Would you pay more than a million dollars for a Samsung laptop that is 11 years old? How about I sweeten the deal by adding that it’s running the long-since out of date and unsupported Windows XP operating system? Still not doing it for you. OK, here’s the deal-maker: this laptop is also infected with some of the most notorious malware the world has encountered over the past 20 years. If you still think that $1.2 million is a little much for a laptop, however infected, at least the shipping is free and there are no fees for bidding in the auction.
Created as an art project called The Persistence of Chaos, as first reported here on Forbes, this is a collaboration between Beijing-based artist Guo O Dong and New York-headquartered “deep learning” cybersecurity vendor Deep Instinct. His previous projects have included being led around Brooklyn on a Segway by a hipster on a leash, and a Twitter bot which substituted Chinese names into retweeted postings. Neither of which come close to being as controversial as selling a laptop pre-loaded with examples of “live” malware. Talking to Vice, Guo described the project as “a kind of bestiary, a catalog of historical threats. It’s more exciting to see the beasts in a live environment.”
So what do you get for your $1.2 million? In terms of the hardware, it’s just an old Samsung NC10 laptop from 2008 and running Windows XP SP3. But it also comes complete with no less than six pieces of malware. There’s the ILoveYou virus from the year 2000, which gained notoriety by infecting more than 50 million devices in just ten days. To which you can add the 2003 SoBig worm that is one of the fastest spreading worms ever, but not as fast as MyDoom from the following year, which also appears on the laptop. Fast forward to 2015 and we have the BlackEnergy malware that helped turn the lights off in Ukraine when it was used in a cyber attack on the power grid. WannaCry also makes an appearance, fresh from causing havoc to NHS hospitals in 2017. The last, and most recently deployed, piece of malware to feature is the DarkTequila credential stealer from 2018.
At this point, you are probably thinking that is all sounds a little, well, illegal. You’d be right in as far as it is a crime in the U.S. to distribute or sell malware for nefarious purposes, but this is a work of art. Apparently. The disclaimer here is that while the sale is being conducted from New York, the infected laptop isn’t being sold for operational purposes. Indeed, the terms of sale clearly state that the buyer has to agree the purchase is “as a piece of art or for academic reasons” and that they “have no intention of disseminating any malware.” What’s more, upon the conclusion of the auction and before the laptop is shipped the internet capability along with all ports will be “functionally disabled.”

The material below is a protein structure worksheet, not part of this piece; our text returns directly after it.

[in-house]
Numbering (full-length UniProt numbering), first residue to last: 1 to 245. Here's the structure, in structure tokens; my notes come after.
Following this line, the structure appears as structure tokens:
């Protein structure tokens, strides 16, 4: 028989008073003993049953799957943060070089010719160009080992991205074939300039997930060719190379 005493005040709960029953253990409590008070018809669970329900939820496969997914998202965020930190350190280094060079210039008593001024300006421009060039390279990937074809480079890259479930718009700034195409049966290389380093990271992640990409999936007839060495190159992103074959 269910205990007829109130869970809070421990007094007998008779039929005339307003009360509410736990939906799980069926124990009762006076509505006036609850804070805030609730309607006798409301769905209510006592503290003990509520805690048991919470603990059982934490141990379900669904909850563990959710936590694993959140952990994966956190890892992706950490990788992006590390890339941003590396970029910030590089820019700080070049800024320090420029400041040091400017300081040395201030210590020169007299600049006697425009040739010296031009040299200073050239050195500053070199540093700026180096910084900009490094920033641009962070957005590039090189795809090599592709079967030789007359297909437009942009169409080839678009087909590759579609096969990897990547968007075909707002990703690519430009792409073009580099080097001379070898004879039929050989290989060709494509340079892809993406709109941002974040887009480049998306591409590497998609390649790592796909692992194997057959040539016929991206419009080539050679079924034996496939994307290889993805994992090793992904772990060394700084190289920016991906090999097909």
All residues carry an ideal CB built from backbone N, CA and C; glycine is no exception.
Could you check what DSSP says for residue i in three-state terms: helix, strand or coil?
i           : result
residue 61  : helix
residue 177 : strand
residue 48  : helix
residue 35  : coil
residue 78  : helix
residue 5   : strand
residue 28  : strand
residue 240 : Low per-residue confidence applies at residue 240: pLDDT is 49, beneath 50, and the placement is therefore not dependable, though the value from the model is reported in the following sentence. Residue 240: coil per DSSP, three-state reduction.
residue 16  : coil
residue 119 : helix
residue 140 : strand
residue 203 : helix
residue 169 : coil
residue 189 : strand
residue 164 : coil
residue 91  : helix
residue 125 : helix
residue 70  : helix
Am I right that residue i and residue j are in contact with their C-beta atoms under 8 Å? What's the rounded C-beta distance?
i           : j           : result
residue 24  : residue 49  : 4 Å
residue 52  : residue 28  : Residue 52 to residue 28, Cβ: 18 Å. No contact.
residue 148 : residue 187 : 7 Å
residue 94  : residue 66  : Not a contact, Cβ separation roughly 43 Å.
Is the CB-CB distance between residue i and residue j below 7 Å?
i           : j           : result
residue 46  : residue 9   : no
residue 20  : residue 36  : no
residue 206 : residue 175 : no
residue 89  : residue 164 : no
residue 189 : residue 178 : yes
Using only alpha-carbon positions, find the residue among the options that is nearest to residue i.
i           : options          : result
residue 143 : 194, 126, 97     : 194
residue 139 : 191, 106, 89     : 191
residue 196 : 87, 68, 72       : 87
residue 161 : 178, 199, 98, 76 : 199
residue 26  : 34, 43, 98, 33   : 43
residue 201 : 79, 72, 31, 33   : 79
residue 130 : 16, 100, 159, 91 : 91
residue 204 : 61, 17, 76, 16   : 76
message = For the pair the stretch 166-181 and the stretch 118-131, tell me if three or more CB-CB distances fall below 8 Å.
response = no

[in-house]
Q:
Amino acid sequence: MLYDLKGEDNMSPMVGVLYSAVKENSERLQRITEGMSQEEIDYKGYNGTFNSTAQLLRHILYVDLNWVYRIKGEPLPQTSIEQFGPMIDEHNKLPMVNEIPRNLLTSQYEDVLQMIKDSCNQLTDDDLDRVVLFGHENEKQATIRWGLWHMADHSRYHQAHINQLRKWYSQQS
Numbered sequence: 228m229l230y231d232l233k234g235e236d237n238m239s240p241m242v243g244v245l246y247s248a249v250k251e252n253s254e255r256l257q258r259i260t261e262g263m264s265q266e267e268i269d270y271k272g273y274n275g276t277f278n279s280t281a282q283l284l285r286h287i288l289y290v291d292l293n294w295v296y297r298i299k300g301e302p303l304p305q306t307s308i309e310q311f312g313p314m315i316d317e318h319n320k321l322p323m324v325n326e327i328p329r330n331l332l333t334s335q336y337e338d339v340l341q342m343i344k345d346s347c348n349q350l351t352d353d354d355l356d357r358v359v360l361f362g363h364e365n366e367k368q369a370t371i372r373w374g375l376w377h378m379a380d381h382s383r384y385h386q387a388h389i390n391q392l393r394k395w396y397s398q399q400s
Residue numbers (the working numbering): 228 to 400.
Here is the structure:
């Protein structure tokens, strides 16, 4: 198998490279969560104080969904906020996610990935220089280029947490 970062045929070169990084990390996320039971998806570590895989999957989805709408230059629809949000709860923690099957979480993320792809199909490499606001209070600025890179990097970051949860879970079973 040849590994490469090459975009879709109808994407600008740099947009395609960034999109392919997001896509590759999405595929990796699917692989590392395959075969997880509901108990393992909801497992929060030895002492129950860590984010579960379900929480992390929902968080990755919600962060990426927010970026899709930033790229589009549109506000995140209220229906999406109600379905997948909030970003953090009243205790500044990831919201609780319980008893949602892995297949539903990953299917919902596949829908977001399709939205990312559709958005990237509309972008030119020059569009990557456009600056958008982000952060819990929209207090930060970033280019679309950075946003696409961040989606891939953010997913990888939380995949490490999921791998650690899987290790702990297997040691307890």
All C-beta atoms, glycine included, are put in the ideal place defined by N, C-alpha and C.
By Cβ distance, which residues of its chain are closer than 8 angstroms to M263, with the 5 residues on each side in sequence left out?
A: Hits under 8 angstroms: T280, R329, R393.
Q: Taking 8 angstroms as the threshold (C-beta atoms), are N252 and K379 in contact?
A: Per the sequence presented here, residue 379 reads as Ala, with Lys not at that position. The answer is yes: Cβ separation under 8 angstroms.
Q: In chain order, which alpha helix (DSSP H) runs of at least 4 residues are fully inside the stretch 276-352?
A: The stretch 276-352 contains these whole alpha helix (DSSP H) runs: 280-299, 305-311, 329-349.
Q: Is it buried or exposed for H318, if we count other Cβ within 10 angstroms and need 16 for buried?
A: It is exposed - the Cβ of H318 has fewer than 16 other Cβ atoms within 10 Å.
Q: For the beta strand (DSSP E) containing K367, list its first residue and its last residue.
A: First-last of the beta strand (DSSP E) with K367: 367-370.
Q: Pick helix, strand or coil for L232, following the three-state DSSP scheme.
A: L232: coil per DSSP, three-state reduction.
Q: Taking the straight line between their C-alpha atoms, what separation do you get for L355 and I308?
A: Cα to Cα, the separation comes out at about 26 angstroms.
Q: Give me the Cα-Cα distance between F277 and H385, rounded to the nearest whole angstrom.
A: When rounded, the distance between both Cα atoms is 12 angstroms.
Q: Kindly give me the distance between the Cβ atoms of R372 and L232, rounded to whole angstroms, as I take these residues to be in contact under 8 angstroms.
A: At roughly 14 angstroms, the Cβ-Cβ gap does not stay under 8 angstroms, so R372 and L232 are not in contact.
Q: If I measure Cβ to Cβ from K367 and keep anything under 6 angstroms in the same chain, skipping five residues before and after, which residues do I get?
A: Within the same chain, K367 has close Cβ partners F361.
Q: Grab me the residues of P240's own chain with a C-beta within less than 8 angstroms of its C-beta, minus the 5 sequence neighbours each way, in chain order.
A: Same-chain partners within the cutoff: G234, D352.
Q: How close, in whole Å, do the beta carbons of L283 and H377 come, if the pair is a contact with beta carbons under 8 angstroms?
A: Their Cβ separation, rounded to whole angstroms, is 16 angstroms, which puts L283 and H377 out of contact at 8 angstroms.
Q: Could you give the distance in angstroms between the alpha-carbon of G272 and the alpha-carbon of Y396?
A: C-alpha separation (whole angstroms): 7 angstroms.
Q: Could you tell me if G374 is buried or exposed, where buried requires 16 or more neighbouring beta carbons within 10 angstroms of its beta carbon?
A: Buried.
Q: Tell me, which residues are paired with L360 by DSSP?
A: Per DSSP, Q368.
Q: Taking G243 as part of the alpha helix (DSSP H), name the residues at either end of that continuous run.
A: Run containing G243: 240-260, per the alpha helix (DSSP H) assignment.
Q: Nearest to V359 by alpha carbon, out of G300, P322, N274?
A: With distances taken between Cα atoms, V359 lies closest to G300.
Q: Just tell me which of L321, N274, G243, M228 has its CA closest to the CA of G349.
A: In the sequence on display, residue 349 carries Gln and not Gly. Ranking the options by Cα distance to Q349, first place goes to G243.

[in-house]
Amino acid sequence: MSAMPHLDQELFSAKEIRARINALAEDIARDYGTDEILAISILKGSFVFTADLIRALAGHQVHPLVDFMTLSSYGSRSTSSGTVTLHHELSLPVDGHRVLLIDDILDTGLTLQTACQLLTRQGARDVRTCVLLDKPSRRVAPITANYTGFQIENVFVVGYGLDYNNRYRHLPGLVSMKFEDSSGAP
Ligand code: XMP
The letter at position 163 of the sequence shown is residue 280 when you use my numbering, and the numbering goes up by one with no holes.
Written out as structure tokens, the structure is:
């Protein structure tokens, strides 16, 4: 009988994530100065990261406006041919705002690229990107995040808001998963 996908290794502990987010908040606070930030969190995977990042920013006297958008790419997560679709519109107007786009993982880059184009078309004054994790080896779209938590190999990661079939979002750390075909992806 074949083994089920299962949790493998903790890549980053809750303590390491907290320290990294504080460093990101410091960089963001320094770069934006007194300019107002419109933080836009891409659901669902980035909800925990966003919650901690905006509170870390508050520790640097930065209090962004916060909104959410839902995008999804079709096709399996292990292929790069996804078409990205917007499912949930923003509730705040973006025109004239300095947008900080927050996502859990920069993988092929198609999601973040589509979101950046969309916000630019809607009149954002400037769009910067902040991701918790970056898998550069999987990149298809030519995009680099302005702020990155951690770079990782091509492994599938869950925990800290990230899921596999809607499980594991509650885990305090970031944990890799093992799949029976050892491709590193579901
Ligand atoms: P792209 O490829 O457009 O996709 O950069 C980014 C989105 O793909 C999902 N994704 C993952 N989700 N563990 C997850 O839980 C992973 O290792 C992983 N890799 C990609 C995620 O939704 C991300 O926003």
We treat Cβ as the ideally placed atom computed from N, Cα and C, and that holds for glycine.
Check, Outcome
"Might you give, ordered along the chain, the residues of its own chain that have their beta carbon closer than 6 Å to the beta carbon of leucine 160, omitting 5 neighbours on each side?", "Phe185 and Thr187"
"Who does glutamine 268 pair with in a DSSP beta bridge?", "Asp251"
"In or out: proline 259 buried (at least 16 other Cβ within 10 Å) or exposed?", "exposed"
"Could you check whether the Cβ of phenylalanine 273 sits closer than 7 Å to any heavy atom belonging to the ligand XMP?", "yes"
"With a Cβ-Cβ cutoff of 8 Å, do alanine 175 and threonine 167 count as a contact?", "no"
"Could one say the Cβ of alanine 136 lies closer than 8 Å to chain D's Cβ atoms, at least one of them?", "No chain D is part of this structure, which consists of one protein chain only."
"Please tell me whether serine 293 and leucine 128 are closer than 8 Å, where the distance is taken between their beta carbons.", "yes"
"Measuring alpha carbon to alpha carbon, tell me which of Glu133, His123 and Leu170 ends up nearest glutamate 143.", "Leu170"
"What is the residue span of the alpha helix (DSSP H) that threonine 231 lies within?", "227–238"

There is a further disclaimer though, which confirms that the malware files will “come encrypted and locked with specific instructions to unencrypt” but goes on to remind the buyer they are both live and dangerous samples which should be run “in a VM (virtual machine) which has no internet connection. Running them unconstrained means that you will infect yourself or others with vicious and dangerous malware.”
Deep Instinct, which was responsible for providing the malware and the “technical expertise to execute the work in a safe environment” also states that it “shall have no liability, and you agree to reimburse, indemnify and hold it harmless against any and all claims from any third party that the use of the Work of Art, including but limited the unauthorized use of the Work of Art (e.g. by connecting it to any computer network).” I have to say that none of this makes me any more comfortable at the thought of such a collection of malware being made available on the open market. I fear it seems like an accident, or at least an information security incident, waiting to happen.
Etienne Greeff, the CTO and founder at security service provider SecureData, sums it up when he says that “paying $1,000,000 to acquire some malware while my users still use ‘Password1′ does illustrate that art does not make sense.” But if you still really want a computer with malware pre-installed then I’d suggest looking for a second user laptop running Windows XP. The chances are pretty good that not only will it come with more malware than you can throw a stick at thanks to the operating system being long past its end of life date, but it won’t cost anything like a million bucks. As a bonus, the internet connectivity will probably be OK as well. Failing that, disable any antivirus software you have on your current laptop and leave it connected to the internet for a day or two. Of course, I’m not actually recommending you do either of these things—or spend a million dollars on an old malware-infected laptop for that matter.